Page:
Book Review: The Artist’s Way

Original Photo Credit: Sincerely Media / Unsplash

I haven’t done a book review since college (so definitely not recently!). But, I figured if I am going to read and talk so much about The Artist’s Way by Julia Cameron, it may be worthwhile to take a closer look at the book now that I’ve (finally) finished it!

If you aren’t familiar with it — The Artist’s Way is a 12-week guide to fostering creative living. Cameron argues that we are all capable of creativity, in our own ways, and walks through methods for developing that creativity within us. Note, I found it it was written truly for everyone, and not just career artists, and encourages all kinds of art forms, not just like, traditional fine art.

So, I was vaguely aware of the title, as it shows up in just about any search for art books. But I only started reading it because it was recommended in Buy Yourself the F*cking Lilies, which if you aren’t new here, you know is one of my favorite books ever now. Also, there was a little blurb on the cover from Elizabeth Gilbert of Eat, Pray, Love and Big Magic (so good!). So yeah, after that, I was intrigued…

I went with the library’s ebook version, which worked fine. But it does seem like creative books are all in high demand right now, so I could never hang on to the copy very long, would have to return it, place a hold, and wait for a copy to be available again. It’s not efficient, but it did work. But I’m not sure I recommend it… that said, I’m also kinda relieved I didn’t buy it instead.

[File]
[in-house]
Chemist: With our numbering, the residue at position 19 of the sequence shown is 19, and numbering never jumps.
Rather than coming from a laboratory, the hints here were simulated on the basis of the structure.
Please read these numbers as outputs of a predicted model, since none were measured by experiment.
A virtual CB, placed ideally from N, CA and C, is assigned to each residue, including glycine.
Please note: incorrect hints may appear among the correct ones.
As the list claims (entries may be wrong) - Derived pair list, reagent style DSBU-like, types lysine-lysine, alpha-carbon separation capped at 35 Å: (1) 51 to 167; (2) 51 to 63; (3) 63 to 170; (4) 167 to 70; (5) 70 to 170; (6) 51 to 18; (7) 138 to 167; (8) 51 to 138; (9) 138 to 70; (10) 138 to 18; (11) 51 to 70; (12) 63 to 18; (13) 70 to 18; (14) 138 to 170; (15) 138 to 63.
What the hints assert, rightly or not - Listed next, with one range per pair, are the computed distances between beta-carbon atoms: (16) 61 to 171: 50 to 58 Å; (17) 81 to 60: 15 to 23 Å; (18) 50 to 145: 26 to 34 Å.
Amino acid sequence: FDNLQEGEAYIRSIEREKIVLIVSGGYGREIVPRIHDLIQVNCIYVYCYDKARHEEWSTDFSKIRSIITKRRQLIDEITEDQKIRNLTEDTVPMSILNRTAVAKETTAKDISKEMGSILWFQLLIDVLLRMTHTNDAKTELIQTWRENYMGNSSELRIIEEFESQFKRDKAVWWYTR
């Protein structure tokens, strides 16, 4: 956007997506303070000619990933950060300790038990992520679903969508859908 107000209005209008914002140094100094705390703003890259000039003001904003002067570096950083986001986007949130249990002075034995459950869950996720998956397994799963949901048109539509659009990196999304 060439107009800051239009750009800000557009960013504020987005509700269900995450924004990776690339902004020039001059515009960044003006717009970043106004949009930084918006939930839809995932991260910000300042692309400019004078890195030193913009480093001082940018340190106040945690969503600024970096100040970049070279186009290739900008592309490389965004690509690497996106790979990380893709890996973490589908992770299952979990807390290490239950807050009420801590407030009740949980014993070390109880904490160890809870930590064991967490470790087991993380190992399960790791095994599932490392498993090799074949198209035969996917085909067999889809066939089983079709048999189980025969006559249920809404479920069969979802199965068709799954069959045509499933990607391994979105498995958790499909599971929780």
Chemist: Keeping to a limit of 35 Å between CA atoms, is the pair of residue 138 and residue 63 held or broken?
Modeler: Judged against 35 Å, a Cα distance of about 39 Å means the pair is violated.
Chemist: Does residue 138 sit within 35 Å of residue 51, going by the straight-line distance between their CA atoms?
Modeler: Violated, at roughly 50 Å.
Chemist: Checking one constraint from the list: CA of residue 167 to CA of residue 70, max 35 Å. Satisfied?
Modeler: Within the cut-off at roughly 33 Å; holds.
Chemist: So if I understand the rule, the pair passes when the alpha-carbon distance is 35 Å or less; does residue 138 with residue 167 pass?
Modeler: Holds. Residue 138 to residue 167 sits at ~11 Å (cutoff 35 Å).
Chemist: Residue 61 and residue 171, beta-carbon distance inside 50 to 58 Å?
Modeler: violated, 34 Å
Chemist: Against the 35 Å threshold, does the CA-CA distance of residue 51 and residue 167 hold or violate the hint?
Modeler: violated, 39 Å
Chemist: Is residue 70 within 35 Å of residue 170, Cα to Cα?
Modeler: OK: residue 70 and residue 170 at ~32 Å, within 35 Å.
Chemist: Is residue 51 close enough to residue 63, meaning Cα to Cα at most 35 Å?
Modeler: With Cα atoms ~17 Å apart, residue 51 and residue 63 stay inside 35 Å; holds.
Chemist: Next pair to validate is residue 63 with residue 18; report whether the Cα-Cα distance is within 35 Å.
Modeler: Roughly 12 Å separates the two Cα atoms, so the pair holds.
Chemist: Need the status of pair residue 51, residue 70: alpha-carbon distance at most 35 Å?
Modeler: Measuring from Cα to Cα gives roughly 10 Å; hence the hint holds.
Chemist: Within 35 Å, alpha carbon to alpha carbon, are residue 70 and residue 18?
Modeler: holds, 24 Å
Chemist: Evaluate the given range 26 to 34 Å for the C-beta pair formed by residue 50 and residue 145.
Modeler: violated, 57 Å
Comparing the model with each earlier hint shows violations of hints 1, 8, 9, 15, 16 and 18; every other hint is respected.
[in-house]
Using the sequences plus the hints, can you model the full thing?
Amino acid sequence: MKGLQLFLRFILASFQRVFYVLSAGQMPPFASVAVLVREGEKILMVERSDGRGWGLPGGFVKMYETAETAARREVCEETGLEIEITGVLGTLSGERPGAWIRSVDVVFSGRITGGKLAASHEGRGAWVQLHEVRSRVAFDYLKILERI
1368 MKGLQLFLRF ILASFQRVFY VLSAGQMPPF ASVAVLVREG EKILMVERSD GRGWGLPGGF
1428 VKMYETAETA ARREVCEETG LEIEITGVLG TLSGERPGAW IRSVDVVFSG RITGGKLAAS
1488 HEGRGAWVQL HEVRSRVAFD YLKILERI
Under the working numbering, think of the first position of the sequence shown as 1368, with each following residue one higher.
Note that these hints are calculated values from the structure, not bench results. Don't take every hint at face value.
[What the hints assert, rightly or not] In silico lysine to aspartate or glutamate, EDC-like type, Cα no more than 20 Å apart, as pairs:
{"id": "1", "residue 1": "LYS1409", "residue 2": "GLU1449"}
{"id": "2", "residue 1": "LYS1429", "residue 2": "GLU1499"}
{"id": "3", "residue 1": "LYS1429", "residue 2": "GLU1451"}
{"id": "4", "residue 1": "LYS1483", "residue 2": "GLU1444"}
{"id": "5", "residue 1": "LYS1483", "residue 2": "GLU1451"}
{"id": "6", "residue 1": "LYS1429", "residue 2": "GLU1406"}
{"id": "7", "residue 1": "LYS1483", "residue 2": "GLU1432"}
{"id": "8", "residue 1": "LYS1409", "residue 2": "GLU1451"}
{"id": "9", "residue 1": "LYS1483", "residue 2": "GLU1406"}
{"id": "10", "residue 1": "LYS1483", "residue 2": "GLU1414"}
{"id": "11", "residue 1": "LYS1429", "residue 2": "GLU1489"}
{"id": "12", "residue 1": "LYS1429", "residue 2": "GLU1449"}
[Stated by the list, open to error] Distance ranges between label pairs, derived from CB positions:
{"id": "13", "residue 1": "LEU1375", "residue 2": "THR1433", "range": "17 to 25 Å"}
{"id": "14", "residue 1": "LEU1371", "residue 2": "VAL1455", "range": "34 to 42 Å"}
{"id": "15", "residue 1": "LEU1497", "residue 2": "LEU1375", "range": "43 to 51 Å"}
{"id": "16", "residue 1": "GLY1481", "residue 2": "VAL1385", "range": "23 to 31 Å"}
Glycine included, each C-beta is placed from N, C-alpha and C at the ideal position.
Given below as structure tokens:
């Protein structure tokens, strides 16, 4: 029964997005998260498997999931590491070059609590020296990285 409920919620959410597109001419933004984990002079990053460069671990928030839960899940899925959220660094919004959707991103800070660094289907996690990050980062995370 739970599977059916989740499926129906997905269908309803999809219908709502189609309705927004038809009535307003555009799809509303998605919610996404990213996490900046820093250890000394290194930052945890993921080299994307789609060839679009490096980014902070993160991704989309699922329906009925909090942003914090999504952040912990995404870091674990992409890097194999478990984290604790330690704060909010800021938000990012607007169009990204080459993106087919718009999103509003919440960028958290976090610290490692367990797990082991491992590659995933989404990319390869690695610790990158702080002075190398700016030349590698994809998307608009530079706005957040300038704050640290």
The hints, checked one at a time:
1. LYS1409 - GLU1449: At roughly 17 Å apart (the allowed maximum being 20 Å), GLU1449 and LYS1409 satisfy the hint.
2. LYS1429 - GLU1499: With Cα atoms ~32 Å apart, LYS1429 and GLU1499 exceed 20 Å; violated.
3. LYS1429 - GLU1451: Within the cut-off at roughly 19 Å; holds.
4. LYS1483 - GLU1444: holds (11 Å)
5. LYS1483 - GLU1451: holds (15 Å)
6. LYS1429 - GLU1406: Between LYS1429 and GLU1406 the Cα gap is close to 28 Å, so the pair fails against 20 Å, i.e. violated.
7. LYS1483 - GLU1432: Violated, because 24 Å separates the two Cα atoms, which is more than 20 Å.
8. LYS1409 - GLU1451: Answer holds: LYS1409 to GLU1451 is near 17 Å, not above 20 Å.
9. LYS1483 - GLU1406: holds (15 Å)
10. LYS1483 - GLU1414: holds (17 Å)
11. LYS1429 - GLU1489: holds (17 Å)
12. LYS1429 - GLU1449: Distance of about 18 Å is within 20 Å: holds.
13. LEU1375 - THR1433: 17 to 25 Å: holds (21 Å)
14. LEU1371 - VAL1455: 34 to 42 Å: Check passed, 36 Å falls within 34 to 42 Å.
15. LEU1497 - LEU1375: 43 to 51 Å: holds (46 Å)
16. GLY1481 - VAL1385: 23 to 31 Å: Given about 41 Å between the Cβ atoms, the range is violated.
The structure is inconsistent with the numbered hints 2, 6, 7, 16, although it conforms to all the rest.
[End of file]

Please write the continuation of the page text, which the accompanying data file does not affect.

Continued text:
Honestly, I just didn’t love it.

So, each week has a series of artists tasks, including journaling prompts and small projects to foster creativity. Overall, her two essential practices are morning pages, and the artist date. Morning pages is writing three pages of journaling first thing in the day. And the artist date was a challenge to go and do something fun and inspiring for your “inner artist/inner child” just because.

What I liked:

So, I liked the morning pages, in theory. But I followed the “spirit” of the task, as three pages in a normal sized journal with my handwriting took a full hour (it’s supposed to take about 20-30 minutes…). So I quickly started just setting a half hour timer for writing. I found it easy to wake up early and write at first, but by the last few weeks, I was struggling to hit even 15 minutes. Admittedly I already have another journal, so it felt like having two wasn’t really beneficial, but if you are out of the habit of journaling, I do recommend it.

As a fan of journaling already, I did like the artist tasks that were writing prompts about creative interests and processing feedback on creative work. But, my favorite question was probably the “what would you secretly do for a living, if you could do anything?!” I mean, it’s not exactly a ground-breaking question, but it was fun to consider and my answer surprised me.

What I didn’t like: